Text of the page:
STEVE INSKEEP, host:

Those smart phones that belong to you or someone you know may not be quite smart enough to ward off viruses or other kinds of electronic attacks. So we've called in MORNING EDITION's technology commentator Mario Armstrong to tell us how worried we should be, if at all. Hi, Mario.

MARIO ARMSTRONG: Hi, Steve. How are you?

INSKEEP: I'm doing fine, thanks. I got to tell you, my wife has been probably hoping for years that this Blackberry that I carry around will be attacked by a virus and destroyed. So this is really sort of a good news story.

(Soundbite of laughter)

INSKEEP: But how worried - how possible is it that something could happen to it?

ARMSTRONG: Very possible. You know, these mobile phones are more readily available. I say that people in America carry three things, and that's your wallet, your keys and a mobile phone. So there's a large enough market for hackers or those to want to attack these devices. So it's just a matter of time before we see some type of major outbreak.

INSKEEP: Well, I've got a spy-ware program on my laptop that I ran just the other day.

ARMSTRONG: That's right, but you don't have that, probably, on your smart phone. Or if you did, you probably wouldn't know really how to use that, or maybe no one's even mentioned to you, hey, have you thought about updating any antivirus software on your cell phone? So we're seeing much more of these devices, and the market for mobile security software has doubled more in 2008, and probably will continue to show some strong growth over the years to come -although I still think we need to see a major outbreak for something to really take off.

INSKEEP: You mean a major outbreak that would really get it in the public consciousness.

ARMSTRONG: That's correct, for having every day people actually talking about or being in fear of their device or thinking about their data being compromised on their devices. Once it hits the kitchen table and people are talking about it, then we'll start to really see a market need for antivirus software on cell phones.

INSKEEP: Are phones a little bit behind in this area because people haven't thought of it before, because it just makes the phone a little cheaper not to worry about it? What?

ARMSTRONG: There's a couple of things. There have been some attacks that have been out there, but they just haven't gone widespread. The PC market just still remains a more profitable target for cyber crooks. And then number two, another reason could be that mobile phones haven't really traditionally stored a lot of sensitive data, and that's what's changing. Now we are starting to use these devices in more complex ways, things for not only just email and getting news but now using them for things like banking and even remote control types of devices.

INSKEEP: So as this device in my hand merges toward being basically a computer, it is going to be just as vulnerable as the computer, which maybe it really wasn't in the past.

ARMSTRONG: That's right, and maybe even more so vulnerable, because I have access to things that I could do. Like, for example, if I was to run some type of hacking software onto your cell phone, I could, potentially, then send a text message to everyone in your address book that could potentially download or click onto something or send them - or redirect them to a Web site that could be false and try to acquire some other personal identification. So I could try to get it from the device itself, or I could try to phish people, and that is to send them into a trap for more personal information.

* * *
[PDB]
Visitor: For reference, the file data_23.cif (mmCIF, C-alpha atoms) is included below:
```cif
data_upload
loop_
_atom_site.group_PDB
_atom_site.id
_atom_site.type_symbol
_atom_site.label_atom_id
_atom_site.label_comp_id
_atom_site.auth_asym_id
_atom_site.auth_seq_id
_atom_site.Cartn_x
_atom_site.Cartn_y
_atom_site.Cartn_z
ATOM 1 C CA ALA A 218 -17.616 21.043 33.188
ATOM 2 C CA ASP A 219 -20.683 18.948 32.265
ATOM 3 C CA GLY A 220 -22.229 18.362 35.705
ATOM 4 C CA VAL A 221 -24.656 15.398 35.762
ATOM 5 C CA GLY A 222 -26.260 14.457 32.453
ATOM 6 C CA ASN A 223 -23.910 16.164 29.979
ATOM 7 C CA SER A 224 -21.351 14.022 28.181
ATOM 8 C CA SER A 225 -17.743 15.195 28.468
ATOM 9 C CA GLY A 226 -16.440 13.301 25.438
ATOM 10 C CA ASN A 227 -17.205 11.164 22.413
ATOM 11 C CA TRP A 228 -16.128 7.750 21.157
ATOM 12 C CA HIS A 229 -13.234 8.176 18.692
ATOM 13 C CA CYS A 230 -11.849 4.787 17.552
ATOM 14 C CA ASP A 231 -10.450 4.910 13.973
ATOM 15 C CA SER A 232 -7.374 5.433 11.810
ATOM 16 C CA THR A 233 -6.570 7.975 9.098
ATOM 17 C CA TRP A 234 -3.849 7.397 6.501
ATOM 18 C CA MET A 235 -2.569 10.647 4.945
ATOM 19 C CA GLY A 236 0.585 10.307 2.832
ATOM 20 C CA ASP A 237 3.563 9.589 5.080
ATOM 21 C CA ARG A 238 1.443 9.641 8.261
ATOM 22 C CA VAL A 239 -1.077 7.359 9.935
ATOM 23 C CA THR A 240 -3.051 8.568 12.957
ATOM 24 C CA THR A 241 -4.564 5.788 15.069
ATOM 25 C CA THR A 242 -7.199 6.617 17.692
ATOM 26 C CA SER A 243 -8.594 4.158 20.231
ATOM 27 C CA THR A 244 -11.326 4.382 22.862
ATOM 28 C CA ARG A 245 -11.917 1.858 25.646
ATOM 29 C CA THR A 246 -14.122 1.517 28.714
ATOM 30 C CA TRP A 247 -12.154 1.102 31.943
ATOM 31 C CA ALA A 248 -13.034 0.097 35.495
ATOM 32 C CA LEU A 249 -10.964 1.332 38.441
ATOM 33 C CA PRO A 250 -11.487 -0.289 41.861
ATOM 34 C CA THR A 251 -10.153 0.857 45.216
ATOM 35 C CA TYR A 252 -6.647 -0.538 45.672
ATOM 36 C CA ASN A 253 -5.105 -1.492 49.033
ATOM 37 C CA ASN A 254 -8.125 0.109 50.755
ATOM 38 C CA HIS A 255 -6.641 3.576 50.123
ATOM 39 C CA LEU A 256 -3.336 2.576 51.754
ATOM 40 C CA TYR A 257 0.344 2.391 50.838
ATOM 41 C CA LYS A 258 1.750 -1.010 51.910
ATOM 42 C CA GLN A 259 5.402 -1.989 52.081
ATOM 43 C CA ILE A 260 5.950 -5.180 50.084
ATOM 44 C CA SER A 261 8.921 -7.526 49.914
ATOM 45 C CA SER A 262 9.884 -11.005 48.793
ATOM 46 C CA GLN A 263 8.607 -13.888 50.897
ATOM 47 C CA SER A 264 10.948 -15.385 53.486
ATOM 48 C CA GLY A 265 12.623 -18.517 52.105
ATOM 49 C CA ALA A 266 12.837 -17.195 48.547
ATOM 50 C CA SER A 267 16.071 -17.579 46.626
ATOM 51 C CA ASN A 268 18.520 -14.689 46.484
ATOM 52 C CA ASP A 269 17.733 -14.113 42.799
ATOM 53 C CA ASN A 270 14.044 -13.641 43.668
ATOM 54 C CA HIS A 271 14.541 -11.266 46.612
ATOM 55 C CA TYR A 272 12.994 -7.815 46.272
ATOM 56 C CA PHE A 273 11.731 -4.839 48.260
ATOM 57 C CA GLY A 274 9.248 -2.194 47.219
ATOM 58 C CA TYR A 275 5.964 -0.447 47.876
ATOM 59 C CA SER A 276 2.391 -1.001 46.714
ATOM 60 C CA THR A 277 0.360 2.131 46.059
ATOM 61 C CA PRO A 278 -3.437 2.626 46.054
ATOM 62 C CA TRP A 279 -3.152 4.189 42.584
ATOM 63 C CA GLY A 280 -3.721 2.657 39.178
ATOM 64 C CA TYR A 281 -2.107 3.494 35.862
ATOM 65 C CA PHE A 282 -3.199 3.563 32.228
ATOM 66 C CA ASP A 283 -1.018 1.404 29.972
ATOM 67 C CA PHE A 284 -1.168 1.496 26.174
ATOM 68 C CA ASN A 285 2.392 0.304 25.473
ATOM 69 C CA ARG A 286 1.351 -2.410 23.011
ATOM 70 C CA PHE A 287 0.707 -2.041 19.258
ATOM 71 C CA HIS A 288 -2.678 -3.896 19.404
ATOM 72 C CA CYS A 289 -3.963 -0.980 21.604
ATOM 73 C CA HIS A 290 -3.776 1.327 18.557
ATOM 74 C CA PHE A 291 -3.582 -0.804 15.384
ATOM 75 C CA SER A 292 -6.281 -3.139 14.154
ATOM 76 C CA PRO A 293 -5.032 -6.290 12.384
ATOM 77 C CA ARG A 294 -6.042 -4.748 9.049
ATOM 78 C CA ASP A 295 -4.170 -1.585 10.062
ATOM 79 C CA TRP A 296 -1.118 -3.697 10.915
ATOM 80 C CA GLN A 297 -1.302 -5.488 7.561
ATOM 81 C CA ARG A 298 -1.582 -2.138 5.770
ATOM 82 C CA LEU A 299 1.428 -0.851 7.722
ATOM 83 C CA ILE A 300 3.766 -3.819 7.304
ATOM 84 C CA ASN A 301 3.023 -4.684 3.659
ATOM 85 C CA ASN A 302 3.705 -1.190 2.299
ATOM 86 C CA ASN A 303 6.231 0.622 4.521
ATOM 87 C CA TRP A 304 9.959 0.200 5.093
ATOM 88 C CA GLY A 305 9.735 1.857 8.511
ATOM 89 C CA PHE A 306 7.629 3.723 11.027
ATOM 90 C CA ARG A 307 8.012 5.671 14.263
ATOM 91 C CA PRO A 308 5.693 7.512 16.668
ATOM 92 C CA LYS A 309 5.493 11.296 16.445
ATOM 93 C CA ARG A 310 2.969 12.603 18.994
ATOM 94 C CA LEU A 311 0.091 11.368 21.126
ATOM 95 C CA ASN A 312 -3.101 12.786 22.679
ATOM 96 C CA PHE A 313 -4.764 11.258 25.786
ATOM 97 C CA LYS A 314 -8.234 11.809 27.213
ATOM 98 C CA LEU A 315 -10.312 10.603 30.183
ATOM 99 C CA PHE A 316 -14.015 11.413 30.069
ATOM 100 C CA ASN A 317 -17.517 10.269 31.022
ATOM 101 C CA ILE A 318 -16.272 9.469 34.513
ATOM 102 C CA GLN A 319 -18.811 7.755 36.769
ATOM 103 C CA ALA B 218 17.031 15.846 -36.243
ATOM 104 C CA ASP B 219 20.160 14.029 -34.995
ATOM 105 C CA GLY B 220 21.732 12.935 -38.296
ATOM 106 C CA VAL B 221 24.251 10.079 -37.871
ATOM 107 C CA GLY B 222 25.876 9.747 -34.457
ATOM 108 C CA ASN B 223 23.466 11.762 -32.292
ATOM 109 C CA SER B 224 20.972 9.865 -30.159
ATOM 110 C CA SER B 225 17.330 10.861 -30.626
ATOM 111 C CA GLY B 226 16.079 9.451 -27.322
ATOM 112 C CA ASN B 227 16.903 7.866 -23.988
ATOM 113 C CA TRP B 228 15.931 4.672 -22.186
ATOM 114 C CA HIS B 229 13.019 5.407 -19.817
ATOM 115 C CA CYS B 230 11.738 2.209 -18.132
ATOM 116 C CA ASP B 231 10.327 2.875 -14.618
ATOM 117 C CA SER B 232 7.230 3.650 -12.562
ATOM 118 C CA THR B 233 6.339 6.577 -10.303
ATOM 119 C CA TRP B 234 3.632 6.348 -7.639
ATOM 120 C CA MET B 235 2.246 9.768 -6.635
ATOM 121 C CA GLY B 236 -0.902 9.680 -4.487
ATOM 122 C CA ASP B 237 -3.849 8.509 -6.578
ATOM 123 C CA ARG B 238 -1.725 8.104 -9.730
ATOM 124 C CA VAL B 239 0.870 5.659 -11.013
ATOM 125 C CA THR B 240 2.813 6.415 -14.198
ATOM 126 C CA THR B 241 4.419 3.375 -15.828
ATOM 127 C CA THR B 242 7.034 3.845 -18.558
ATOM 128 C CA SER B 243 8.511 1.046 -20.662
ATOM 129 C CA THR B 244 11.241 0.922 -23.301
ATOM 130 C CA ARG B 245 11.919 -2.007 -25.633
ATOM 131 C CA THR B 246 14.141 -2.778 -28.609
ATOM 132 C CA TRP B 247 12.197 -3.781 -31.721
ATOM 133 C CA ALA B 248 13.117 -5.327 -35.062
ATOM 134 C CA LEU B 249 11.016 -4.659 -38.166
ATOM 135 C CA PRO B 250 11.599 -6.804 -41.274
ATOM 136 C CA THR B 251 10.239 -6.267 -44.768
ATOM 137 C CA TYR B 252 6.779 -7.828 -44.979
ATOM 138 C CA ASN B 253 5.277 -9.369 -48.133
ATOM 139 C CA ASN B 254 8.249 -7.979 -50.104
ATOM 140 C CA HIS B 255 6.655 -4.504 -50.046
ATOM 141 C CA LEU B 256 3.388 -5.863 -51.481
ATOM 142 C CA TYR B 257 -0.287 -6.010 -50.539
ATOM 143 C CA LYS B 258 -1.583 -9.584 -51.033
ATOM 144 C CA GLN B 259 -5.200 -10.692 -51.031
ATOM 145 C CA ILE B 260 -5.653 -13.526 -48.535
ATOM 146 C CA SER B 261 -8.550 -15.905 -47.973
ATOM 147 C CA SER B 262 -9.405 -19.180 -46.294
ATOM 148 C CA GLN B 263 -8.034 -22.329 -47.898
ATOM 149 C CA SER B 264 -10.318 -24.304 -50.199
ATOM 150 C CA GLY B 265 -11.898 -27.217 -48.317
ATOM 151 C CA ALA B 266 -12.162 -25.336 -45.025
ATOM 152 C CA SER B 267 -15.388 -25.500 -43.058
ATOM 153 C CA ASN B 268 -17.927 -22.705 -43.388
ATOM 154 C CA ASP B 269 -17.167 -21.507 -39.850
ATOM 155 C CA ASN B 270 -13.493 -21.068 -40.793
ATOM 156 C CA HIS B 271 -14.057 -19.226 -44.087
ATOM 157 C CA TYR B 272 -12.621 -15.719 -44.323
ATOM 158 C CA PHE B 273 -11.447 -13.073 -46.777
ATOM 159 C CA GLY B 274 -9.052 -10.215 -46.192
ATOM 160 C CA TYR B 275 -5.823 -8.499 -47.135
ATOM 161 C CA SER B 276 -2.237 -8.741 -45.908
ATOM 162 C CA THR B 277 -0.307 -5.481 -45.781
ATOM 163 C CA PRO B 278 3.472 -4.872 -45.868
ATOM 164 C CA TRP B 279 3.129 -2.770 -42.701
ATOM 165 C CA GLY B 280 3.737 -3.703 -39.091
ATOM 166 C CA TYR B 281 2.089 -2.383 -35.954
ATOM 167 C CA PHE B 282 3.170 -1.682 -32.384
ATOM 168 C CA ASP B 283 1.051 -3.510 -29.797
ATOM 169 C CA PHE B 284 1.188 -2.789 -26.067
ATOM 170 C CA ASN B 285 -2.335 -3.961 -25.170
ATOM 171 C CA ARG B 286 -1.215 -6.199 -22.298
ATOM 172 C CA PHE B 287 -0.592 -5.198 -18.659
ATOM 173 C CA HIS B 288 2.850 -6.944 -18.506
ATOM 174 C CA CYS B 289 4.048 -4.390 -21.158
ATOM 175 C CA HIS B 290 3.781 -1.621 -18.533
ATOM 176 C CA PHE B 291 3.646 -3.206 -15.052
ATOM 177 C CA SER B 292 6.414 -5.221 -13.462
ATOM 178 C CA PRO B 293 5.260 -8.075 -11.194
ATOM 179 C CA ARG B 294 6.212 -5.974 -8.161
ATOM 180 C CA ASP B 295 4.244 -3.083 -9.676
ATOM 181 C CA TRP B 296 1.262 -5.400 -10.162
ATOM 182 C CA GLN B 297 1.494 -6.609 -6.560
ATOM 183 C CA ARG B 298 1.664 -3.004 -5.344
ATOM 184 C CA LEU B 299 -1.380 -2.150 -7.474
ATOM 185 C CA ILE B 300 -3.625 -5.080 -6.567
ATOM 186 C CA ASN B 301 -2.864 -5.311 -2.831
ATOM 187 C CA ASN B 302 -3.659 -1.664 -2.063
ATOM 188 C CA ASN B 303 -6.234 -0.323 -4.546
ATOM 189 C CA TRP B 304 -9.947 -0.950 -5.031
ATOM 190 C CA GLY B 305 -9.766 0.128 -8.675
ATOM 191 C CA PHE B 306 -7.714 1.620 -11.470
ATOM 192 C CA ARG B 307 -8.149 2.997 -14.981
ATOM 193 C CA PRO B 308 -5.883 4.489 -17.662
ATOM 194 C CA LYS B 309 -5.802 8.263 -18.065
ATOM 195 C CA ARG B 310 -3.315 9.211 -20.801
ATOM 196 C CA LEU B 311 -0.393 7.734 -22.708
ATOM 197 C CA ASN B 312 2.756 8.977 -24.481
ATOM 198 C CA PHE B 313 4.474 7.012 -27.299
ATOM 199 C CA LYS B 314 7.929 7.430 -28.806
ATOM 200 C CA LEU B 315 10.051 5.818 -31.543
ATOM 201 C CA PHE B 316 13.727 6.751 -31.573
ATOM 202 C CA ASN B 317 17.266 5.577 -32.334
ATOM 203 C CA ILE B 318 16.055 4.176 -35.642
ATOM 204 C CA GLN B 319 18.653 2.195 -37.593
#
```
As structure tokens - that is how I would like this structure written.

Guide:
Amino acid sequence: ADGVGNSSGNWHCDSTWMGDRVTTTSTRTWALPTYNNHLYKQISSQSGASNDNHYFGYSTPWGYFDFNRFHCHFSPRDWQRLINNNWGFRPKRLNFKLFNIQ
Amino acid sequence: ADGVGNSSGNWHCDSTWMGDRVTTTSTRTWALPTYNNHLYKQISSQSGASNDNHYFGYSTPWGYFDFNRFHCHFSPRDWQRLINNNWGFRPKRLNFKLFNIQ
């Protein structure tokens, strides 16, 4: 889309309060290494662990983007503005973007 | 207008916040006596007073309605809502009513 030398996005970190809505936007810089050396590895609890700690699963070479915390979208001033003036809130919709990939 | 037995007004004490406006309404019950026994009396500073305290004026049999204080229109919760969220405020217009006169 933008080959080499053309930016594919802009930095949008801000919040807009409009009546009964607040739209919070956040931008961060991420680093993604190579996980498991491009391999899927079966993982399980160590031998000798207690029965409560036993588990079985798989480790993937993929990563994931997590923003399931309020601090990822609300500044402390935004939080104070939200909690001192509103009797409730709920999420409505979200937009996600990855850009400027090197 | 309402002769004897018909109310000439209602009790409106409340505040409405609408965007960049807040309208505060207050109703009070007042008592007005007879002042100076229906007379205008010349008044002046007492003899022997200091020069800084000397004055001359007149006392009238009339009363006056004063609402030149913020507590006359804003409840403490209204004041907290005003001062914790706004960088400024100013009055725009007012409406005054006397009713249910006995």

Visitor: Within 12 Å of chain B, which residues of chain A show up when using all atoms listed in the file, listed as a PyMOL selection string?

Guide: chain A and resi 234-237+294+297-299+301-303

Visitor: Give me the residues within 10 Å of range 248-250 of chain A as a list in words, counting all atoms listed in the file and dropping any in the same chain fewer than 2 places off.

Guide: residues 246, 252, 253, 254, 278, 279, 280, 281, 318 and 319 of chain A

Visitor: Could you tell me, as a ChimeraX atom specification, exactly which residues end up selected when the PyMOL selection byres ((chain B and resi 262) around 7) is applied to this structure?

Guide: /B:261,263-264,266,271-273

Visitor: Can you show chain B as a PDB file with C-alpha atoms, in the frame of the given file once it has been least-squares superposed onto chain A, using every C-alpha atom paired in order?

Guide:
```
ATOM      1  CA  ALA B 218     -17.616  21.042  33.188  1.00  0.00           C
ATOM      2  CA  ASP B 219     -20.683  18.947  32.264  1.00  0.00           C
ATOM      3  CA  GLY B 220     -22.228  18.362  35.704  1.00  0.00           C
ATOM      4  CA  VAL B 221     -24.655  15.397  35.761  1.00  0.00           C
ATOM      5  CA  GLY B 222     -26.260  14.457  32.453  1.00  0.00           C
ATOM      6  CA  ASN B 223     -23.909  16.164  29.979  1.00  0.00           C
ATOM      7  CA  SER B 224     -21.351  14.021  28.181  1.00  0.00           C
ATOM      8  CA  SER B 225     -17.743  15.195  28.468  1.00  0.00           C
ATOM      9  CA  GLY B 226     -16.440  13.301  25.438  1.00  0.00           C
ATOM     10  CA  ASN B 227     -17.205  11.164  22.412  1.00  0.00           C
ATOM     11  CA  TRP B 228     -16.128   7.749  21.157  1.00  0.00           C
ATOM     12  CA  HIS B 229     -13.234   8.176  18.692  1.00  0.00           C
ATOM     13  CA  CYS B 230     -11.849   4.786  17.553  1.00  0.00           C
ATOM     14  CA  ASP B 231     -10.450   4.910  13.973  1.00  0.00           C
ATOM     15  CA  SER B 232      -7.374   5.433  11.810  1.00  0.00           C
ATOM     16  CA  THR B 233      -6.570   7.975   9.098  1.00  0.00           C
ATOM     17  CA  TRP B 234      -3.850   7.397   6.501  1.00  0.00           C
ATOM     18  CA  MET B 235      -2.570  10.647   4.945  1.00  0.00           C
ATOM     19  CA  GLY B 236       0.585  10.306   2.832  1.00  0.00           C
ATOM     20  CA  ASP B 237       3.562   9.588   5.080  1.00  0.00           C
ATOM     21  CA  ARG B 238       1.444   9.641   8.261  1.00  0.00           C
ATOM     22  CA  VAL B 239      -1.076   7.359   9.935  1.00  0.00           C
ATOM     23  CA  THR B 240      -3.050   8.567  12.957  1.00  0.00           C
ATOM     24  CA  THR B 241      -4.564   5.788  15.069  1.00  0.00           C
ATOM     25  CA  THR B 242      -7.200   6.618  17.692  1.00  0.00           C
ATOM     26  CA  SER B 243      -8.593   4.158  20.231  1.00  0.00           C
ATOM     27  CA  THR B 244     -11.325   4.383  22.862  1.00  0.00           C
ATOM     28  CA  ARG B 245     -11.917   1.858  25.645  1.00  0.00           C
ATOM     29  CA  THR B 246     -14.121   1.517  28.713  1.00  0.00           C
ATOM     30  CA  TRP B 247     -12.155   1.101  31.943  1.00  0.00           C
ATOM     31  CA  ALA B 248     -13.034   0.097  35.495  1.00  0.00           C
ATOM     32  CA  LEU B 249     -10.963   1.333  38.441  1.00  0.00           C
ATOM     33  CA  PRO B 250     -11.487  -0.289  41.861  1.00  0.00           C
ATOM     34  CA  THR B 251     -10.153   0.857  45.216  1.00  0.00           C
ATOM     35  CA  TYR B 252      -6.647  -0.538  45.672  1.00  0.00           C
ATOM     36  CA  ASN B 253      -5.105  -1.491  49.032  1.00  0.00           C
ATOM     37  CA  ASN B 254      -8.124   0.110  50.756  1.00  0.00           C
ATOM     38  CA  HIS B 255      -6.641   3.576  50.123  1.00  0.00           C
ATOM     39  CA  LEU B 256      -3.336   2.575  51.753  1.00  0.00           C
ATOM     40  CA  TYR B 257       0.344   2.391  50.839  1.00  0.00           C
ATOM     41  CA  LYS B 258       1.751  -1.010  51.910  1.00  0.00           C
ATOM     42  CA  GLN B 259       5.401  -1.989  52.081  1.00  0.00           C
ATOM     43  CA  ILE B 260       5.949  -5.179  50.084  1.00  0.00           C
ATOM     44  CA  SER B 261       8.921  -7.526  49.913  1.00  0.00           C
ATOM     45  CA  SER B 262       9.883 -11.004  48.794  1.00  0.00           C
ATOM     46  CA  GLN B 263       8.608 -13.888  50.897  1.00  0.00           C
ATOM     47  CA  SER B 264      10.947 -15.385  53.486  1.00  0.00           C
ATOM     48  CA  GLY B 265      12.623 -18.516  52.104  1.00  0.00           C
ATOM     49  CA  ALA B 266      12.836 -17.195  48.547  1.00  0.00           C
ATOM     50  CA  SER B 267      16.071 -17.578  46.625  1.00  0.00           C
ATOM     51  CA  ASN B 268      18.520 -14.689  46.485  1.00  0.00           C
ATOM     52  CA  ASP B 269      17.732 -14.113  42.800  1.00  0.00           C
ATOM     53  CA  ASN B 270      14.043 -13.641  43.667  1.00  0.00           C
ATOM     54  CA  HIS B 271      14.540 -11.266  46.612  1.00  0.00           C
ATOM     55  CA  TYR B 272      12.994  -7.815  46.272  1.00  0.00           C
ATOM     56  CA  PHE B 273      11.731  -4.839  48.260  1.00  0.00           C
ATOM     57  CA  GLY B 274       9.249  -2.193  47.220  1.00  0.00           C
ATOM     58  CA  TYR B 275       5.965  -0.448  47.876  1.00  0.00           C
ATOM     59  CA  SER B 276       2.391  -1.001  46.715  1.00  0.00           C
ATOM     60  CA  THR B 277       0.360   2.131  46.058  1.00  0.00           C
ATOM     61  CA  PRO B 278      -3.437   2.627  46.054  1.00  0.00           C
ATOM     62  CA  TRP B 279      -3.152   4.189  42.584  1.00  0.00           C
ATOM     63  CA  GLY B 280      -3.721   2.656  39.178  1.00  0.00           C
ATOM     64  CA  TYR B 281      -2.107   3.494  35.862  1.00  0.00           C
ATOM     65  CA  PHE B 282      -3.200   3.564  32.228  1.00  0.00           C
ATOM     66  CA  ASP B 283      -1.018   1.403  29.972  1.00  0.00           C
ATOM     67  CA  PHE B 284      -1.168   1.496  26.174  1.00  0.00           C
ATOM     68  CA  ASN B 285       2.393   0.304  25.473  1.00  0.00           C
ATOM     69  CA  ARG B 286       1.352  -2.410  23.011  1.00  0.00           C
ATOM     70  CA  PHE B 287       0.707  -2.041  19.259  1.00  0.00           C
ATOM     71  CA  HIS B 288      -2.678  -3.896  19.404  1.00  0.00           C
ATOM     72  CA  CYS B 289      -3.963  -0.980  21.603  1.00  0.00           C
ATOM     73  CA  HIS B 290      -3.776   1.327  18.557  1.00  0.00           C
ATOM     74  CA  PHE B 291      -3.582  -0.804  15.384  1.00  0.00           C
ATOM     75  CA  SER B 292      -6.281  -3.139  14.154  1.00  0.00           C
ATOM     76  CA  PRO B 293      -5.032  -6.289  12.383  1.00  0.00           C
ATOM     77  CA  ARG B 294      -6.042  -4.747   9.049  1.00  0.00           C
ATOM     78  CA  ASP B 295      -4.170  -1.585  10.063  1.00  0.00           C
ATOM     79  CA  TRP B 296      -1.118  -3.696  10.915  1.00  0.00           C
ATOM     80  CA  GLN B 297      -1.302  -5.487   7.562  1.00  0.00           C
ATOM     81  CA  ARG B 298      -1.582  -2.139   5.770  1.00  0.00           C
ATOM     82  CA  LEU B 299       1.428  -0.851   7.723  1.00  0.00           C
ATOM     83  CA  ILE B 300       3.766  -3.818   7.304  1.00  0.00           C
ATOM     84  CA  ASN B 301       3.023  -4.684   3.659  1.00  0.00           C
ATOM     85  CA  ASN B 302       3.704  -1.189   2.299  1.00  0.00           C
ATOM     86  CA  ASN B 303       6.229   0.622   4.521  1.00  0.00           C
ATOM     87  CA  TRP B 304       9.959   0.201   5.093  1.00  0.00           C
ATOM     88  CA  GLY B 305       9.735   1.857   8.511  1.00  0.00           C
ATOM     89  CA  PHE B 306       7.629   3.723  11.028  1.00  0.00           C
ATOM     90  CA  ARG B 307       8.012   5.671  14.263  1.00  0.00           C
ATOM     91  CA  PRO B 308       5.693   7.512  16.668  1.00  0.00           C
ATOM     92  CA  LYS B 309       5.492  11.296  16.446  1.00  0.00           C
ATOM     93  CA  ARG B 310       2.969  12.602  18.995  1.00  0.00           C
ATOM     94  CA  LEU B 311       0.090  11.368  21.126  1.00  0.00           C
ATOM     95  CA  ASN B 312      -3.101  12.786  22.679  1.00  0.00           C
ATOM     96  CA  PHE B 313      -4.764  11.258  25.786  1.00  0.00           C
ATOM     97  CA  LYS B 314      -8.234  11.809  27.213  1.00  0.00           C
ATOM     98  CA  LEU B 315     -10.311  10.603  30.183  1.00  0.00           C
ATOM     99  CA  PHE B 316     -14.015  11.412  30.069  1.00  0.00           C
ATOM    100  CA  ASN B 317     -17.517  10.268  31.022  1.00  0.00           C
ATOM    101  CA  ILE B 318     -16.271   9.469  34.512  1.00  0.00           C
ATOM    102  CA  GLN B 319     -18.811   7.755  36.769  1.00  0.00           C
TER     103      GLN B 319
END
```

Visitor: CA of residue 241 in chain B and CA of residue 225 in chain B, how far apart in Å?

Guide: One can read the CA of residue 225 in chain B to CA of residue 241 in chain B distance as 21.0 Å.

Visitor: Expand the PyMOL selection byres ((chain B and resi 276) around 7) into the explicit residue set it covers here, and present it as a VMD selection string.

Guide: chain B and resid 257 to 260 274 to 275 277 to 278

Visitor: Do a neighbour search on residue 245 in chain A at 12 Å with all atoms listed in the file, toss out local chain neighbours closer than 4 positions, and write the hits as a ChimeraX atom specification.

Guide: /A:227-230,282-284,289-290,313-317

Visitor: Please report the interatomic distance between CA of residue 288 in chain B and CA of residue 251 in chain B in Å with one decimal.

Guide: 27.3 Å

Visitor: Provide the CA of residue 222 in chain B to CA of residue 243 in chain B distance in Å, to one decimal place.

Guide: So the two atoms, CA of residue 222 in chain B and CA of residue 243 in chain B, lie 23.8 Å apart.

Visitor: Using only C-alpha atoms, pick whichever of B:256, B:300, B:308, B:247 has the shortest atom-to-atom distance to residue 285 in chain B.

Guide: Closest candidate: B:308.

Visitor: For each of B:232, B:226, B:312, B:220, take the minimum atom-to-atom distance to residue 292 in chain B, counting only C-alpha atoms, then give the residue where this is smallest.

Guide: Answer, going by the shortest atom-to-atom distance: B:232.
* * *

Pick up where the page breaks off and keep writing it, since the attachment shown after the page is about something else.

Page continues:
INSKEEP: Two things that I'm sure are happening somewhere in America right now as we speak, Mario. One, a computer hacker is taking a couple of notes on what you're saying and saying, hmm, very nice idea. I could try that. And the other thing is there must be some company that's getting ready to make some money off this, selling protection.

ARMSTRONG: And that's where we've seen a lot of changes, because we see a lot of market hype in terms of, ooh, let's watch out for our phones. They could be tapped. They could be compromised. And that is true. I don't want to make it seem like it's all hype. But at the same time, it seems that a lot of the hype is coming from anti-virus companies. I mean, I've been reading about one quote that said that one in every 63 smart phones is vulnerable. Well, that report came from a company that sells anti-virus software. I have seen data, though, that does suggest that about 500 mobile viruses have been launched in the last five years, but when you look at PCs, it's over two million viruses in the same timeframe.

So I just don't think that the anti-virus companies yet have a market need. There hasn't been an outbreak to cause that consumer awareness, although recently at the Black Hat conference - which is basically an annual conference that brings together security professionals from all over the world - this was the first year at that conference that several panels and discussions were specifically about mobile security, and, in fact, several different hacks were shown on multiple devices, from the iPhone to Google's Android. So this is a real situation and a real problem.

INSKEEP: Mario Armstrong is host of DIGITAL CAFE on public radio station WYPR in Baltimore. Mario, always good to talk with you.

ARMSTRONG: Thank you, Steve. It's been a pleasure.

INSKEEP: And you could find tips on how to protect your smart phone and get more technology coverage by checking out the new npr.org.

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